— William the Silent stadtholder of Holland, Zeeland and Utrecht, leader of the Dutch Revolt 1533 - 1584
Context: I am in the hands of God, my worldly goods and my life have long since been dedicated to his service. He will dispose of them as seems best for his glory and my salvation. … Would to God that my perpetual banishment or even my death could bring you a true deliverance from so many calamities. Oh, how consoling would be such banishment — how sweet such a death! For why have I exposed my property? Was it that I might enrich myself? Why have I lost my brothers? Was it that I might find new ones? Why have I left my son so long a prisoner? Can you give me another? Why have I put my life so often in danger? What reward can I hope after my long services, and the almost total wreck of my earthly fortunes, if not the prize of having acquired, perhaps at the expense of my life, your liberty? If then, my masters, you judge that my absence or my death can serve you, behold me ready to obey. Command me — send me to the ends of the earth — I will obey. Here is my head, over which no prince, no monarch, has power but yourselves. Dispose of it for your good, for the preservation of your republic, but if you judge that the moderate amount of experience and industry which is in me, if you judge that the remainder of my property and of my life can yet be of service to you, I dedicate them afresh to you and to the country.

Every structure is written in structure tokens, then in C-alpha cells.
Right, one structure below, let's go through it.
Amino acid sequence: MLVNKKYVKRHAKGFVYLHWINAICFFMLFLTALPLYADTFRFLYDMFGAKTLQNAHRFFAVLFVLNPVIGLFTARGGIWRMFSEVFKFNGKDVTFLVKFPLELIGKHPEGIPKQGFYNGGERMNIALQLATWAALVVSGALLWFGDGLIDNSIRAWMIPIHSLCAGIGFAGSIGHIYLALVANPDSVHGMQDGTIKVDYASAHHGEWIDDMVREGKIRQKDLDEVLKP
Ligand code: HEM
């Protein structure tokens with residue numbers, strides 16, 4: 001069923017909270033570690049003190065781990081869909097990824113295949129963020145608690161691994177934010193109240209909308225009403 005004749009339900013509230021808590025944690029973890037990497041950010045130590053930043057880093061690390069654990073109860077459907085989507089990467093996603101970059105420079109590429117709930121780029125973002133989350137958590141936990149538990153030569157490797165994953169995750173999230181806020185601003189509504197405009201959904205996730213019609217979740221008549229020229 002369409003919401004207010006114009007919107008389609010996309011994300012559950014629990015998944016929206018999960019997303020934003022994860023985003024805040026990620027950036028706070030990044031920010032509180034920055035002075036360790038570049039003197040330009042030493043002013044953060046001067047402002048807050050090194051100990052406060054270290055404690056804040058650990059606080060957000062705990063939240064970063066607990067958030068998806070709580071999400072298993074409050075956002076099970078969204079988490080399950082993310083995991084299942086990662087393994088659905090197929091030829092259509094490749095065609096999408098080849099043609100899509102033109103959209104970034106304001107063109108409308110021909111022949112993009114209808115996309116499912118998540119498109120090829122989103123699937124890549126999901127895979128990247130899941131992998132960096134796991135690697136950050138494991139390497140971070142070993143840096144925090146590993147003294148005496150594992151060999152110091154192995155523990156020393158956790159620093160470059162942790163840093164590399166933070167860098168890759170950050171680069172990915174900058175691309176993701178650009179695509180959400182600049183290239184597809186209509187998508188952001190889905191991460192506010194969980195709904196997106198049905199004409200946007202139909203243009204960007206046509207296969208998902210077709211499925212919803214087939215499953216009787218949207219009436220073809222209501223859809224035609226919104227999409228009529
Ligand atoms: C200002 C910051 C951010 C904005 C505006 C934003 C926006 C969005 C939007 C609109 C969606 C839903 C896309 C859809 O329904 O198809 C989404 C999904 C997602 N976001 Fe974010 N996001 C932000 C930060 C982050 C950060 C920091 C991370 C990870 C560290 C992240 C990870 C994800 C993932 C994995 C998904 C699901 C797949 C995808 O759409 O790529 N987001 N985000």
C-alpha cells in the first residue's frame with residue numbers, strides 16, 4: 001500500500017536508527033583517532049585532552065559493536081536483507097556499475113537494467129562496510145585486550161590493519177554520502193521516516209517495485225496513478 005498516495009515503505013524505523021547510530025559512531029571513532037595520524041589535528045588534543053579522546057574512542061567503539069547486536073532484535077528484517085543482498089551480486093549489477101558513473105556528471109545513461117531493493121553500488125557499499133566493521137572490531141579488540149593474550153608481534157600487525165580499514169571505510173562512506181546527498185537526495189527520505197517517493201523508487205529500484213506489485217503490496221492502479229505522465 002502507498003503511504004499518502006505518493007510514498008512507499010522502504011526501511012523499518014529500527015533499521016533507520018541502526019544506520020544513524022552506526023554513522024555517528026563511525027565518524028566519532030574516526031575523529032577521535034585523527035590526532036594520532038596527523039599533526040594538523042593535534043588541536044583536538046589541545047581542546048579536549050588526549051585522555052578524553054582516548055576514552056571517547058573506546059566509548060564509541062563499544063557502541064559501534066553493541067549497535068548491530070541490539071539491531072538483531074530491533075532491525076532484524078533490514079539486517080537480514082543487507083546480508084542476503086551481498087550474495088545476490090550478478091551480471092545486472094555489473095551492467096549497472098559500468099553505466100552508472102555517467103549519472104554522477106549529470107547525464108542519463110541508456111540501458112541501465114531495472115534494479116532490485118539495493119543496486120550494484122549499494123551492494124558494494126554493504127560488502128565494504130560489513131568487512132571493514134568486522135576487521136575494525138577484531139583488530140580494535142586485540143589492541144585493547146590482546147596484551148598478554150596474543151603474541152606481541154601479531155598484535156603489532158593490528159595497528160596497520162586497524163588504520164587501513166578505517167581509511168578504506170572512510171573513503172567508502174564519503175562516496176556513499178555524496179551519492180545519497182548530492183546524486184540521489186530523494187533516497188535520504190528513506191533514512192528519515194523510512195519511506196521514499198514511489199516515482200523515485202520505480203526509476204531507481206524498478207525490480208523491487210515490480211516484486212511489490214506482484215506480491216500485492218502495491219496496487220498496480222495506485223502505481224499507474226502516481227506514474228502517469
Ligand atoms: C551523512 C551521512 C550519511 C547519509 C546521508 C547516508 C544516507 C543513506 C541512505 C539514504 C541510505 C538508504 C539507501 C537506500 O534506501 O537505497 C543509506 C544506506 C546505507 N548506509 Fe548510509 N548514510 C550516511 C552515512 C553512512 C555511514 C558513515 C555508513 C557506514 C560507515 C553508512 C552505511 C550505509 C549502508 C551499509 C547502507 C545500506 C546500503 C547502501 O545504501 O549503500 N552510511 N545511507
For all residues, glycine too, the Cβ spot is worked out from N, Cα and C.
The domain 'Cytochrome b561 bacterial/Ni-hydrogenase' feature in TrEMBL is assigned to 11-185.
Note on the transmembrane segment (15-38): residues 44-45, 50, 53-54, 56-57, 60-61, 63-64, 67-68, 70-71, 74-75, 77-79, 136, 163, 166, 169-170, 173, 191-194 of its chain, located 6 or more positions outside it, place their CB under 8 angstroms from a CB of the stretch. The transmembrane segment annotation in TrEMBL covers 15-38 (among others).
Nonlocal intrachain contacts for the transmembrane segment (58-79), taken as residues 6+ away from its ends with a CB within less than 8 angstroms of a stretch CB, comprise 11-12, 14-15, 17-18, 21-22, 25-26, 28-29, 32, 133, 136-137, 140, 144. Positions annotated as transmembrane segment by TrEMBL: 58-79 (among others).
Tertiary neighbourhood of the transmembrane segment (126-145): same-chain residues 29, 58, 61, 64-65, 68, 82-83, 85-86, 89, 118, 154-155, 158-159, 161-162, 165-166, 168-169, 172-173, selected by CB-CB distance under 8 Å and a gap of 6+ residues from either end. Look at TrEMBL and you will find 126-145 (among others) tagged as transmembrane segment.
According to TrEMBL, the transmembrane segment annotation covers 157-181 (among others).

Response after hearing he had been declared an outlaw by Philip II, as quoted in The Rise of the Dutch Republic (1859) by John Lothrop Motley